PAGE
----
I found it to be a real eye opener and I even applied some of the ideas presented here and, to my surprise, saw immediate results.
The book does not tell you how to run your business; it does much better it tell you how NOT to do it.
E-Myth is a book that prescribes a single business model to it's readers that, let's face it, doesn't work for most small businesses. However, it does teach lessons to the business owners that do want to grow to be more than a mom-and-pop shop.
I work in big-business IT as a Solution Architect which means that I do a lot of technology and business consulting and, despite the fact that I read this book over a decade ago, I still refer managers and business developers to this book saying, "Read it. Learn it. Love it."
Because this book, while prescribing a single business model, contains the fundamentals concepts for developing a good operational architecture - fundamentals that so many managers simply don't know or think they don't have time to implement because "they are spending too much time in the business and not enough time on the business".
Read it. Learn it. Love it.
If you only get one point it is this--- Work ON your business and not IN your business. IE Pay other people to do the labour and focus yourself on the things that will bring you customers such as sales, marketing and customer care. Put systems in place for your staff to follow that will ensure and maintain quality and get feedback at every stage from your customers so you know what is working and where to improve.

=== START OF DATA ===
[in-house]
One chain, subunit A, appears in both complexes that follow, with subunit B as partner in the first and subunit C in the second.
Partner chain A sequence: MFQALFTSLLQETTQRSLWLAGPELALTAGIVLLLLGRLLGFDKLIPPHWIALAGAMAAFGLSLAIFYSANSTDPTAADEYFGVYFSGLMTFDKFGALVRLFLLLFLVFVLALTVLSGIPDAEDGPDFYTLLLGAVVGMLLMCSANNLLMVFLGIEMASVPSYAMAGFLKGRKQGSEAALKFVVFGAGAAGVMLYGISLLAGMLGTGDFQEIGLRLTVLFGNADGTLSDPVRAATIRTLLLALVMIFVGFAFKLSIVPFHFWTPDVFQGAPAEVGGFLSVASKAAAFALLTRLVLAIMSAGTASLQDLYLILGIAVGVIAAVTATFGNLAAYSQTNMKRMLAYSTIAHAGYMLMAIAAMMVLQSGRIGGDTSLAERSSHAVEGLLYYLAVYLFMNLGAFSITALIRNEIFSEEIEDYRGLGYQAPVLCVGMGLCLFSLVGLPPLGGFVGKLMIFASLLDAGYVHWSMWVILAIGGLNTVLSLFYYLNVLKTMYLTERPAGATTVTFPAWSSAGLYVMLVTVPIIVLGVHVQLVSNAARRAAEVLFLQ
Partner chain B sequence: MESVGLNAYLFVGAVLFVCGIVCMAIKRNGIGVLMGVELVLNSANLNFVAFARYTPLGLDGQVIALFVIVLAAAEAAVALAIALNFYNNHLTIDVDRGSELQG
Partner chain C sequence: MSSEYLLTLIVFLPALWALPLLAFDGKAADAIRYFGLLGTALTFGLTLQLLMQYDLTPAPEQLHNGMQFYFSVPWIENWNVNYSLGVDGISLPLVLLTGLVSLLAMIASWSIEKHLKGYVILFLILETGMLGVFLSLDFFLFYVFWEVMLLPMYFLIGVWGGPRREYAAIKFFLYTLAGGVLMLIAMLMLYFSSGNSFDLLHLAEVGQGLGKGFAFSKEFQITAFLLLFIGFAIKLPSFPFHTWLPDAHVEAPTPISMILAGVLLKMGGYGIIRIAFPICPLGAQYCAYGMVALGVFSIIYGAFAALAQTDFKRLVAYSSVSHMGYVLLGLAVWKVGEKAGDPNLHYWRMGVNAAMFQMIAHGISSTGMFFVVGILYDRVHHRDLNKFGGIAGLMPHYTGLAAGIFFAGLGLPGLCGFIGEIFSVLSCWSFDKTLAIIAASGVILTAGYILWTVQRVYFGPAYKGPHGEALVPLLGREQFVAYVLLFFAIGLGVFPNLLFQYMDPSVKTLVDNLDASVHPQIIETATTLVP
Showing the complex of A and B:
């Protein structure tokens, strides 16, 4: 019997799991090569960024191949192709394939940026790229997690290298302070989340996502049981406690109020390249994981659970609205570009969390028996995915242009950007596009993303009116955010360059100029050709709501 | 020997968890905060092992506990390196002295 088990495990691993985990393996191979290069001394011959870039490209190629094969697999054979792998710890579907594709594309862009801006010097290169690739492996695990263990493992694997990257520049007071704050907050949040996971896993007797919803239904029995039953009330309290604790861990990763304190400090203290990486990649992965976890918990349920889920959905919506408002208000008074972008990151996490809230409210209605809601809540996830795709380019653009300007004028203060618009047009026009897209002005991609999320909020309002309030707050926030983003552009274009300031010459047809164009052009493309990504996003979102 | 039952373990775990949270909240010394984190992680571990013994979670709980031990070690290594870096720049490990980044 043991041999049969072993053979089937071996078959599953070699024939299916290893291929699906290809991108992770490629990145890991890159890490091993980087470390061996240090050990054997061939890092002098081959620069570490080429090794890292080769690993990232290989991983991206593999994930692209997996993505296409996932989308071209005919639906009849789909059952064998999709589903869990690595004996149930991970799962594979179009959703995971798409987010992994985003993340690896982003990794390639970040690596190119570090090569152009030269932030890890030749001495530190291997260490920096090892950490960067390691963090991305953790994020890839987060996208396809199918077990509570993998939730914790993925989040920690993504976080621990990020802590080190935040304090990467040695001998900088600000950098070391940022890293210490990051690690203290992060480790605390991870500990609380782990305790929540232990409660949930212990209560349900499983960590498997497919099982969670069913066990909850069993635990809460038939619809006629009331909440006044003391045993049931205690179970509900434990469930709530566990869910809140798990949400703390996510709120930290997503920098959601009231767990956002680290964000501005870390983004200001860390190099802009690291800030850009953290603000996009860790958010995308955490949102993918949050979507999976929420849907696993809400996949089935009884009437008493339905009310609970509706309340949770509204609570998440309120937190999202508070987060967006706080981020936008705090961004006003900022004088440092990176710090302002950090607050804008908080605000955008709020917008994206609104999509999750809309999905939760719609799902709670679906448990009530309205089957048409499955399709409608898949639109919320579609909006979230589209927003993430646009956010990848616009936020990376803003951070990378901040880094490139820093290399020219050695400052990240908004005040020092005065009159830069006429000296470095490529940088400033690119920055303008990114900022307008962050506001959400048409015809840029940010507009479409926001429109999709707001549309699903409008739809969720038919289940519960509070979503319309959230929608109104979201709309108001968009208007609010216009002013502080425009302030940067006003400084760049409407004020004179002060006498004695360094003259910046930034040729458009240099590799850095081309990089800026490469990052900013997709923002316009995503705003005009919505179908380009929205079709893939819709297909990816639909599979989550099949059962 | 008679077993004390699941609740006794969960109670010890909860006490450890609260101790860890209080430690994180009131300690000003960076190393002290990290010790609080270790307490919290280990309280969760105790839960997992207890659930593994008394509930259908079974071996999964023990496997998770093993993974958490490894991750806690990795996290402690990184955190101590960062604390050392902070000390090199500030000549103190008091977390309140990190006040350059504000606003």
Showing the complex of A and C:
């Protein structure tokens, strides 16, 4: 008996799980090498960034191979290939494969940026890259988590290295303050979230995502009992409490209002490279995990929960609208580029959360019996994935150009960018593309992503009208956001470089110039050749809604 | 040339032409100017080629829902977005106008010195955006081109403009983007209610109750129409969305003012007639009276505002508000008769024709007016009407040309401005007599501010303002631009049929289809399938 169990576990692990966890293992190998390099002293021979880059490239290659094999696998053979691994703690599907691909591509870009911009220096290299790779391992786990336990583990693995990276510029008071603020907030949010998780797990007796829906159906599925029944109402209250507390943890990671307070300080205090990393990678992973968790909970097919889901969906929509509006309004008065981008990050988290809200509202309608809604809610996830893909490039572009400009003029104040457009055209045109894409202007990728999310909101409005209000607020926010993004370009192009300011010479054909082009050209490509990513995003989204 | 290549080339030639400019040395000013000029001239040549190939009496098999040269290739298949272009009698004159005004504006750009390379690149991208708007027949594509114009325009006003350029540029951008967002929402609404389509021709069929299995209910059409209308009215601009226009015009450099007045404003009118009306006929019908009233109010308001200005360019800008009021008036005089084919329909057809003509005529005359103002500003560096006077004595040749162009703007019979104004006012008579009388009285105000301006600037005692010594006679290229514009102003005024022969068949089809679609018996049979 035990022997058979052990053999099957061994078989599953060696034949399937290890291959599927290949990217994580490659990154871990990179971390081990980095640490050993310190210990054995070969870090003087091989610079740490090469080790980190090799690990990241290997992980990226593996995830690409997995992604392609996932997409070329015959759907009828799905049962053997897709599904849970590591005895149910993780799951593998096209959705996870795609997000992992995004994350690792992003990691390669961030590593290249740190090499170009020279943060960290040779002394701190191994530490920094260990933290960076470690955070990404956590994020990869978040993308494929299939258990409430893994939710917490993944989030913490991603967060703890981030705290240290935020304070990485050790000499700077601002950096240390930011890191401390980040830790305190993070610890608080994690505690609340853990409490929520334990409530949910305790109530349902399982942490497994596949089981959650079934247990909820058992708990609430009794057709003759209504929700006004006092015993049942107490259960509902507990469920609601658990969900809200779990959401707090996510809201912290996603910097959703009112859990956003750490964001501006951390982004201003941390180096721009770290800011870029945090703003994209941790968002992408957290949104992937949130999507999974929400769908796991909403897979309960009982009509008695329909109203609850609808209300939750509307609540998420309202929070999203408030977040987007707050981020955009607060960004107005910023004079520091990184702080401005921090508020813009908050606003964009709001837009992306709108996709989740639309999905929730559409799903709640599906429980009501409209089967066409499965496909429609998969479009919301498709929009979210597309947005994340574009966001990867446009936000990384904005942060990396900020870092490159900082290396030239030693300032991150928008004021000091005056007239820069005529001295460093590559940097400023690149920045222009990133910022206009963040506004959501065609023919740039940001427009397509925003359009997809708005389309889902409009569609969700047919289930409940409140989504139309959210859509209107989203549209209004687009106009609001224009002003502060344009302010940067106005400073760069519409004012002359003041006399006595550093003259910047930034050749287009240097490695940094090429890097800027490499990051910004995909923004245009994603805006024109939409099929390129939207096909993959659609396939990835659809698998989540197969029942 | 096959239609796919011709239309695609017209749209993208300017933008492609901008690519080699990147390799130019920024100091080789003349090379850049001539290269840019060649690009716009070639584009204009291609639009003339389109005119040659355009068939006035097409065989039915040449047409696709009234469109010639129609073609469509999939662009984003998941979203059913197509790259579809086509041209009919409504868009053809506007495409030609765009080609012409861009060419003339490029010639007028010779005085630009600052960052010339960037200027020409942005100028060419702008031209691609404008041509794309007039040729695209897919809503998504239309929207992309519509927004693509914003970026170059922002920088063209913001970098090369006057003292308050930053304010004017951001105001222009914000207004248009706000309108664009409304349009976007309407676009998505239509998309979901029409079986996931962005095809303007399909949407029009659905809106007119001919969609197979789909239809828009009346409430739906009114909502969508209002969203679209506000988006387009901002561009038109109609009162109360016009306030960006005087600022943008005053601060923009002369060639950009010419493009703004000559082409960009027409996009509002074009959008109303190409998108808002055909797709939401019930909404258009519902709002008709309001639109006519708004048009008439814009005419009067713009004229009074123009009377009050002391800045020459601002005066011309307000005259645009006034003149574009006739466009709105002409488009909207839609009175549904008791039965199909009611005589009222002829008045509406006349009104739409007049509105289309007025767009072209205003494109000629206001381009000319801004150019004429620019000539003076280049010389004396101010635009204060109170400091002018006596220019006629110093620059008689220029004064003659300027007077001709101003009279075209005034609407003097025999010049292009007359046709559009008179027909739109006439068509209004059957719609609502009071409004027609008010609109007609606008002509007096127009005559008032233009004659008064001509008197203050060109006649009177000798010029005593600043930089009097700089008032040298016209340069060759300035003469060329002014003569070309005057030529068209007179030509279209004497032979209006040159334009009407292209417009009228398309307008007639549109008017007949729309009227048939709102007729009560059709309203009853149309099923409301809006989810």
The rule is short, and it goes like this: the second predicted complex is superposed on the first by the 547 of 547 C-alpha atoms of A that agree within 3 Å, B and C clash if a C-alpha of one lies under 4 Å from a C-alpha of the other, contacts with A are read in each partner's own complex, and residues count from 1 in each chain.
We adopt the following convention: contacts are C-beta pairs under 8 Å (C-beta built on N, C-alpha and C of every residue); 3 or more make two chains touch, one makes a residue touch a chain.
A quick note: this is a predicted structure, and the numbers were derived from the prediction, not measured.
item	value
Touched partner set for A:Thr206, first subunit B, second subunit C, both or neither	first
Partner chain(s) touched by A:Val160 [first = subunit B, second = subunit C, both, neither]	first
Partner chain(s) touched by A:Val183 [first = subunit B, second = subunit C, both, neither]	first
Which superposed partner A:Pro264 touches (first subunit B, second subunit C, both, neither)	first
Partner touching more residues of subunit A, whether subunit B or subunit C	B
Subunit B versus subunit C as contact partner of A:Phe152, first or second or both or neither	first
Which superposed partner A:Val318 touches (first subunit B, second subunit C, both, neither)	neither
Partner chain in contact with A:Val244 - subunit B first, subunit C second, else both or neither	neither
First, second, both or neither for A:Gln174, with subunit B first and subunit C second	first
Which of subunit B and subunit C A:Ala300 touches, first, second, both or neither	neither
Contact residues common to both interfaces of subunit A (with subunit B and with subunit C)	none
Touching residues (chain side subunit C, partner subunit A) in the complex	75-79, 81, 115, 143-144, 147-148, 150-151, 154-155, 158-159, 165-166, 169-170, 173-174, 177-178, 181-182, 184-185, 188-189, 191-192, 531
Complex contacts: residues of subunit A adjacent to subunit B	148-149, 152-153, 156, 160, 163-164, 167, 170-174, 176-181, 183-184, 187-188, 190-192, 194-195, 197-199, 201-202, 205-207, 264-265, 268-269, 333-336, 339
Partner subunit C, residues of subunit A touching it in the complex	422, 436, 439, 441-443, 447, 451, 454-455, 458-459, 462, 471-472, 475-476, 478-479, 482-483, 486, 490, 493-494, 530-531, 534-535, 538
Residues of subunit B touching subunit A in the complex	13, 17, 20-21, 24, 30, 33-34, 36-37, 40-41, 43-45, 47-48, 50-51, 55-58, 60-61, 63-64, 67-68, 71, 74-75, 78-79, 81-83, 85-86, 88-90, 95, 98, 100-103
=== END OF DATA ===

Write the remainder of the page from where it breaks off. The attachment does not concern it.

I have read dozens upon dozens of books in my spare time to learn from the people that have gone before me in business. Many have the occasional nugget or are the same as other books but in a different tone, I tend to throw these away or donate them.
This book is still on my shelf as it one of the best books on business I have read.
I think this book would be very useful to the beginning entrepreneurs. As the failure rate of 'small businesses' is pretty high, any education in running the company is really essential to such people.
The e-myth actually sounds in today's world like it is attributed to software or internet based companies. However, one could not be further from truth as far as this book is concerned. Written in pre-dot com era, e-myth actually refers to entrepreneurial myth and has no connotations with the current meaning of the 'e' prefix.
The book as such is valuable to business owners. However, it proposes very specific approach to create a successful business/franchise. You may find it applicable in your area. However, if you look at current industries - this approach may not be the most optimal if you have startup IT businesses in mind. They usually run on the premise that this book describes is doomed to fail. Again, it's interesting read but you may want to validate its applicability before you get excited too much :)